Date of Award
Doctor of Philosophy (PhD)
Waterman, Jenora T.
Agriculture workers inhale a variety of dusts, gases, microbes and compounds on a daily basis. Several respiratory diseases display inflammation and oxidative stress as key factors of pathogenesis. To better understand the effects of agricultural dusts on the airway there first needs to be characterization of dust components. Thus, we hypothesized that confinement facilities contain high levels of respirable particles, bacteria, and elements of respiratory importance. We further hypothesized that SCF dust alone or in combination with diepoxybutane (DEB) will result in oxidative stress and phytonutrients from the sorrel plant will reduce these effects. Several bacterial species were identified via amplification of the 16S ribosomal DNA gene and or biochemical selection, and include Escherichia coli, Listeria sp., Bacillus sp., Staphylococcus and Clostridium species. Each dust extract showed pH altering effects (p-value < 0.05) and resulted in acidic changes with the exception of small ruminant dust (alkaline). Respirable particles (< 10 Î¼m) were found in dairy and poultry dusts. More inhalable particles were found in swine, small ruminant and equine dust samples. Exposure to swine dust extract increased intracellular hydrogen peroxide, 8-isoprostane and nitric oxide levels in NHBE cells in vitro and pretreatment with sorrel prevented such increases (p-value<0.001, p-value<0.001 and p-value<0.05 respectively). Elucidating the mechanism of agricultural dust mediated oxidative stress, â€˜dust+DEBâ€™ mediated oxidative stress and agriculture-related inflammatory airway diseases will provide insight for better understanding of respiratory diseases caused by chronic exposure to CAFO-like facilities and development of improved animal management practices to ultimately decrease the incidences of respiratory disease.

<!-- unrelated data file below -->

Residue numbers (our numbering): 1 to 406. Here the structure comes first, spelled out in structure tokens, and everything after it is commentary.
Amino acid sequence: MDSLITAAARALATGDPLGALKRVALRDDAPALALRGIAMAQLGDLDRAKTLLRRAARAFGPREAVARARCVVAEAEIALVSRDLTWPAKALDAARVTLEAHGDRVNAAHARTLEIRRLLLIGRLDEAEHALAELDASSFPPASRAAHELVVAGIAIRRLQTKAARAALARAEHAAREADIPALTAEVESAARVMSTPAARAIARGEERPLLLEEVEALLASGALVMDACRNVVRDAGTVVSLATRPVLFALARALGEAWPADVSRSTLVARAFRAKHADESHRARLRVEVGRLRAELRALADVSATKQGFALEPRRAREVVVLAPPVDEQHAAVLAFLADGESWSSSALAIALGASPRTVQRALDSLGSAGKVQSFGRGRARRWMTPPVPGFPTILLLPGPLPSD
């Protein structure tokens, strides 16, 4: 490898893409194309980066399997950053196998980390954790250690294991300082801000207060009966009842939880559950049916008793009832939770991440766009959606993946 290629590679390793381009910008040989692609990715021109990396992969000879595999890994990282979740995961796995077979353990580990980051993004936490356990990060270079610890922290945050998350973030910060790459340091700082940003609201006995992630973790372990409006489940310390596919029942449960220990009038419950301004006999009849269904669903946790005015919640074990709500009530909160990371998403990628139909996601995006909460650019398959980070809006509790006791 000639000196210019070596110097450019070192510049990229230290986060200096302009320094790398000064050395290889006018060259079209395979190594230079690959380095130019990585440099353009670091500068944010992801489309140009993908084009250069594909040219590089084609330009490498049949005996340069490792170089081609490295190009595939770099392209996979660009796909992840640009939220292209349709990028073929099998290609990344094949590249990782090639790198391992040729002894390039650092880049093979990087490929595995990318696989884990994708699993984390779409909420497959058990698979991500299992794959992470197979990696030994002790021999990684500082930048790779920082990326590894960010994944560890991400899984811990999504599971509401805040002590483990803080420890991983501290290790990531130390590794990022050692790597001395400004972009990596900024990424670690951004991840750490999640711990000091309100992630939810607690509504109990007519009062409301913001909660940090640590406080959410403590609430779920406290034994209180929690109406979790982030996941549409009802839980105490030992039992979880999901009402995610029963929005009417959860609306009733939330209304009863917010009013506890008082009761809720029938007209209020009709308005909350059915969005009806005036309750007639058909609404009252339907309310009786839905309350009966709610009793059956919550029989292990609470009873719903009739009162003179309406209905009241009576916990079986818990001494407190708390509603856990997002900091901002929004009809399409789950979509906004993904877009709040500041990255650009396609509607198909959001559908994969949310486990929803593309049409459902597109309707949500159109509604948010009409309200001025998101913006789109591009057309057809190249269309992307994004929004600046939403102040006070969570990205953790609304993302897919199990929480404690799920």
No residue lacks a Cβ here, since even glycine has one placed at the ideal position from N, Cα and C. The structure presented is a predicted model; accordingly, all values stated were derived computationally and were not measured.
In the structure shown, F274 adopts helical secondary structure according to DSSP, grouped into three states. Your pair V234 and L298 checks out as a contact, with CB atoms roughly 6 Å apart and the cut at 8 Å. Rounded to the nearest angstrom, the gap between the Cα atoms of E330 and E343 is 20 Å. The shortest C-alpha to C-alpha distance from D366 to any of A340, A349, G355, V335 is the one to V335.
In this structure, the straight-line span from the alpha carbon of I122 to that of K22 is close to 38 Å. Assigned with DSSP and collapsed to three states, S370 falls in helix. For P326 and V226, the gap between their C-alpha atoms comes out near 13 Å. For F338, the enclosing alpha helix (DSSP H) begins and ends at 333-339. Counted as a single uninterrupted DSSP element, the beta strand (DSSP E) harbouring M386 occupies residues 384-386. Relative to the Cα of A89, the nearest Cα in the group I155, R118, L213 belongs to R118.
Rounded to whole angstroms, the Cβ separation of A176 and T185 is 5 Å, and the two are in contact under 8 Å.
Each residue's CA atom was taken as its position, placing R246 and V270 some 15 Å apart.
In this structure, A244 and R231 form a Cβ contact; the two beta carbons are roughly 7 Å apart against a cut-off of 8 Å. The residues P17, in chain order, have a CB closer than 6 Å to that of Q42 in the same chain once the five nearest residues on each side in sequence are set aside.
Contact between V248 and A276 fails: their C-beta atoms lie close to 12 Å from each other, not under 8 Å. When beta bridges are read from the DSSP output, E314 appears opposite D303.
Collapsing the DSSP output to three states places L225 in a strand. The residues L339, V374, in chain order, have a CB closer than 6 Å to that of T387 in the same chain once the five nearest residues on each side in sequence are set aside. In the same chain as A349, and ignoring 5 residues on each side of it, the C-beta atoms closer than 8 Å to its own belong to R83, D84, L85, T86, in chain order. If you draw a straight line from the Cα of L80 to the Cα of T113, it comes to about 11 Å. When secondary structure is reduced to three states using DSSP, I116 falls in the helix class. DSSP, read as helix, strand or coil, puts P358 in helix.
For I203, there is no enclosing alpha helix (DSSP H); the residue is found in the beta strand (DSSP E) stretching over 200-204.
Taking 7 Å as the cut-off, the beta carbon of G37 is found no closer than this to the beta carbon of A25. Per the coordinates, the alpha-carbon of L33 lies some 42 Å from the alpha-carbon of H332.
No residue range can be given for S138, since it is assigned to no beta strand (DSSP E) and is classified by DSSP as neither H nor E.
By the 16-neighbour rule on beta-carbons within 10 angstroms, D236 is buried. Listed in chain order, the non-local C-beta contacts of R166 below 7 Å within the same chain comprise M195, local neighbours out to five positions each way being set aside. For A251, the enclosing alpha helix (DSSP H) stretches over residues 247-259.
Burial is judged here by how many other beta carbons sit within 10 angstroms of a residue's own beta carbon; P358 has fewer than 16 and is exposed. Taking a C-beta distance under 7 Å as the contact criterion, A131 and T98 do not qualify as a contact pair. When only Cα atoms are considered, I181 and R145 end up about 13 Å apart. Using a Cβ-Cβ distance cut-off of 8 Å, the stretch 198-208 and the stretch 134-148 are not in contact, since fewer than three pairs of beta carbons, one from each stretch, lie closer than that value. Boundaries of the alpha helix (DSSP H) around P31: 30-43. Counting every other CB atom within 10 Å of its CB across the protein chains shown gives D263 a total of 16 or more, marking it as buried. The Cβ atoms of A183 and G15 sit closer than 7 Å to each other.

Gerald, Carresse L., "Environmental Factors Influencing Oxidative Stress In Respiratory Cells" (2013). Dissertations. 49.